“Imagine every day trying to help young men and women somehow put their lives back together despite their night terrors, flashbacks, and chronic sleeplessness,” writes psychologist and full-time therapist Todd Essig. “While you reach out to help, they mistrust your every move and respond with hair-trigger tempers, not to mention all the physical symptoms, alienation, and hopelessness. Surrounded by thoughts of suicide — and homicide — you try and keep faith with the honor and challenge of providing care.”

On a New York Times blog site for war veterans, Vietnam vet and former Marine Joseph A. Kinney writes:

“Could it be that the psychiatrist we want to hate saw the unbearable suffering of warriors he was tasked to treat? Could it be that he identified with the suffering of those he treated at Walter Reed Army Hospital? Did he become one of us, another soul tortured by war’s anguish? I cannot forgive this man who betrayed us but I must try and understand him nonetheless.”

Many of the online comments to Mr. Kinney’s blog post expressed outrage that Hasan’s alleged attack should be seen this way. One person wrote: “You want to understand him? Here’s the explanation: at some point, he became a radical Muslim terrorist. Period. Whether that was brought on by PTSD is irrelevant….”

On Huffington Post, Kamran Pasha describes his conversation with another Muslim soldier at Fort Hood, a 22-year Army man and Iraq combat veteran who recently converted to Islam. This soldier (referred to only as “Richard”) knew Hasan. He told Mr. Pasha (a Hollywood filmmaker and the author of “Mother of the Believers,” a novel on the birth of Islam) that he now believes Hasan’s alleged murderous act was motivated both by religious radicalism as well as having worked in a situation where combat stress was always present.

As more becomes known about what happened at Fort Hood — and, most importantly, why — many Americans may be less likely to see the tragedy in the context of their own opinions about the war and those of all backgrounds called to fight it.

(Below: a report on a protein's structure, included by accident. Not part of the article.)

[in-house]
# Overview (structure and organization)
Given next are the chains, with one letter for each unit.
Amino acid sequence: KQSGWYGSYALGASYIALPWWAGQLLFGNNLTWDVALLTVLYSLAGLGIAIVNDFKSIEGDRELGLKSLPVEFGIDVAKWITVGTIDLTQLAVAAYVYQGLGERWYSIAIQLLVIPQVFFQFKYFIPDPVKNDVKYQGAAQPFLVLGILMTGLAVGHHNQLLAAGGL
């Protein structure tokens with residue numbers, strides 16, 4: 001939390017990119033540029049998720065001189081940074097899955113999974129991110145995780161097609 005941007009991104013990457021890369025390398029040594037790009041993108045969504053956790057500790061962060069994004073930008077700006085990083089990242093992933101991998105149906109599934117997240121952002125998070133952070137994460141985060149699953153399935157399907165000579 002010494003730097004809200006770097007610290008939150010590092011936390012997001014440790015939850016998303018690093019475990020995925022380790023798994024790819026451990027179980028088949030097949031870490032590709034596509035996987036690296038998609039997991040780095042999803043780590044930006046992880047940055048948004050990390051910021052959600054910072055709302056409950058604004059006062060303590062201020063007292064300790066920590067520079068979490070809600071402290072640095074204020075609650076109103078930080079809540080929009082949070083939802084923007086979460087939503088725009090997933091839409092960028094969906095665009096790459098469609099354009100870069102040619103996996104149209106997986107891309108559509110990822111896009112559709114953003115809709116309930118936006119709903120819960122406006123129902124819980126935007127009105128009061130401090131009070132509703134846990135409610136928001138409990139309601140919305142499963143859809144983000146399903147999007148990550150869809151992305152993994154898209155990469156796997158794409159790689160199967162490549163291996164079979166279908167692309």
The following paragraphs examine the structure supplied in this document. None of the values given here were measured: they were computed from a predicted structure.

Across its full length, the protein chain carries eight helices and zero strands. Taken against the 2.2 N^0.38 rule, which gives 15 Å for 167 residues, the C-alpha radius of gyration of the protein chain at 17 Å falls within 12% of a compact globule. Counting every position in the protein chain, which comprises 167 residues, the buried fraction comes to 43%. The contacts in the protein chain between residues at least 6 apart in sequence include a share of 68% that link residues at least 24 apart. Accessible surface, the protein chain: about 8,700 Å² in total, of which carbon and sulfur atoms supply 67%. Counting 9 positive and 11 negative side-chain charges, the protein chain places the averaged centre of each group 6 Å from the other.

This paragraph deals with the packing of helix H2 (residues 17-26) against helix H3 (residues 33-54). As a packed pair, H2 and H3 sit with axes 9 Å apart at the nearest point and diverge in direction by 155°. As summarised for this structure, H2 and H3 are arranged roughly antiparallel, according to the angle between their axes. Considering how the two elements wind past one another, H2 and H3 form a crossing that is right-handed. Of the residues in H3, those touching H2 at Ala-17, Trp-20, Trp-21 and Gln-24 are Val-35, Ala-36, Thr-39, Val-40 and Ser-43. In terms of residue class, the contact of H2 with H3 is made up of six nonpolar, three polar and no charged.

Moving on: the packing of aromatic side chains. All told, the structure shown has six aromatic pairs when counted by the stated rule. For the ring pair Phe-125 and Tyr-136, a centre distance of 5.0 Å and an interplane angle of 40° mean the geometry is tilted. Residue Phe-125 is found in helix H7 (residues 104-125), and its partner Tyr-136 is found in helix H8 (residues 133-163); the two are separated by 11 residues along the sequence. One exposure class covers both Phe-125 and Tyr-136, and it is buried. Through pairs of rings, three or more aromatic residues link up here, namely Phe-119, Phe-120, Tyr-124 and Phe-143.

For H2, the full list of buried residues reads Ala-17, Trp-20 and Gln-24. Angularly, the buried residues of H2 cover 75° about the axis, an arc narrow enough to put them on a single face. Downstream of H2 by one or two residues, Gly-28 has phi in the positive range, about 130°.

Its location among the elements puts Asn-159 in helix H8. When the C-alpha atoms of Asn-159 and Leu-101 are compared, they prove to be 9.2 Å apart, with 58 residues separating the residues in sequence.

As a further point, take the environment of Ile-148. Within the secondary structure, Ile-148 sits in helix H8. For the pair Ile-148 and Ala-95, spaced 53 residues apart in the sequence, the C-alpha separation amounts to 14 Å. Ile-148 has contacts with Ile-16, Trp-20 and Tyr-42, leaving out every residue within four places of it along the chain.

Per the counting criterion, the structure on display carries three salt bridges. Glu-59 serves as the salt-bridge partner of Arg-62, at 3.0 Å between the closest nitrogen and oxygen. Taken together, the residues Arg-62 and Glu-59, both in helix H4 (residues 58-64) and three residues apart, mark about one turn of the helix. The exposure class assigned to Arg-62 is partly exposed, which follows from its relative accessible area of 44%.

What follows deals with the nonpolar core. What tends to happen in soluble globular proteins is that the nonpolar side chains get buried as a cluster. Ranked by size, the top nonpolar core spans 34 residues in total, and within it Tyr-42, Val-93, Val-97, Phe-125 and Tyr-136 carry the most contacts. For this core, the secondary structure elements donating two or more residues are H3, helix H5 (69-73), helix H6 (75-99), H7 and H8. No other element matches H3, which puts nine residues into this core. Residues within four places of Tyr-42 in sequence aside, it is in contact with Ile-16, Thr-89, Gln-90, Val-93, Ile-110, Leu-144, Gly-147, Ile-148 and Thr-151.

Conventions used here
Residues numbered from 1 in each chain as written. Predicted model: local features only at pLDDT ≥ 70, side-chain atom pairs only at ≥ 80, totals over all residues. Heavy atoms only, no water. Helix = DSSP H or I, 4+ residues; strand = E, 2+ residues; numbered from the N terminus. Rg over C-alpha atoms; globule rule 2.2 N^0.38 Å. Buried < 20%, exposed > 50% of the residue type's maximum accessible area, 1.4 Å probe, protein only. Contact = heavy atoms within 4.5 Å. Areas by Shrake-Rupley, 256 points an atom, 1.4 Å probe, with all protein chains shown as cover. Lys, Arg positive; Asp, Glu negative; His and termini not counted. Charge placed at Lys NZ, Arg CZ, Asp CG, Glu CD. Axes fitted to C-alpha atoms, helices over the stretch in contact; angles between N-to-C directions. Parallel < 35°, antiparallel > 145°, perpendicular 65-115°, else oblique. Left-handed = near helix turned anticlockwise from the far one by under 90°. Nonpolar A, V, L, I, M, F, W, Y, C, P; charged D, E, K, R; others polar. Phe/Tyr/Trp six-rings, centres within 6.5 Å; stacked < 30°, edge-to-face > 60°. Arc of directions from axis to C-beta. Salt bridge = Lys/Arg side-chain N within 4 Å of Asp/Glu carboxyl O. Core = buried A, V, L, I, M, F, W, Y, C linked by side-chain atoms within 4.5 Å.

By Brad Knickerbocker

Fort Hood: How many white male Christians from the midwest felt the need to "mea culpa" after Timothy McVeigh?

Latinos and Education: Explaining the Attainment Gap


Latinos and Education: Explaining the Attainment Gap

by Mark Hugo Lopez, Associate Director, Pew Hispanic Center
Report Materials

Nearly nine-in-ten (89%) Latino young adults ages 16 to 25 say that a college education is important for success in life, yet only about half that number-48%-say that they themselves plan to get a college degree, according to a new national survey of 2,012 Latinos ages 16 and older by the Pew Hispanic Center conducted from Aug. 5 to Sept. 16, 2009.

The biggest reason for the gap between the high value Latinos place on education and their more modest aspirations to finish college appears to come from financial pressure to support a family, the survey finds.

Nearly three-quarters (74%) of all 16- to 25-year-old survey respondents who cut their education short during or right after high school say they did so because they had to support their family. Other reasons include poor English skills (cited by about half of respondents who cut short their education), a dislike of school and a feeling that they don’t need more education for the careers they want (each cited by about four-in-ten respondents who cut their education short).

Latino schooling in the U.S. has long been characterized by high dropout rates and low college completion rates. Both problems have moderated over time, but a persistent educational attainment gap remains between Hispanics and whites.

When asked why Latinos on average do not do as well as other students in school, more respondents in the Pew Hispanic Center survey blame poor parenting and poor English skills than blame poor teachers. The explanation that Latino students don’t work as hard as other students is cited by the fewest survey respondents; fewer than four-in-ten (38%) see that as a major reason for the achievement gap.

This report was prepared for the Latino Children, Families, and Schooling National Conference sponsored jointly by the Education Writers Association, the Pew Hispanic Center and the National Panel on Latino Children and Schooling. The conference was held on Tuesday, Oct. 6, 2009 at the Pew Hispanic Center in Washington, D.C.

Latinos and Education: Explaining the Attainment Gap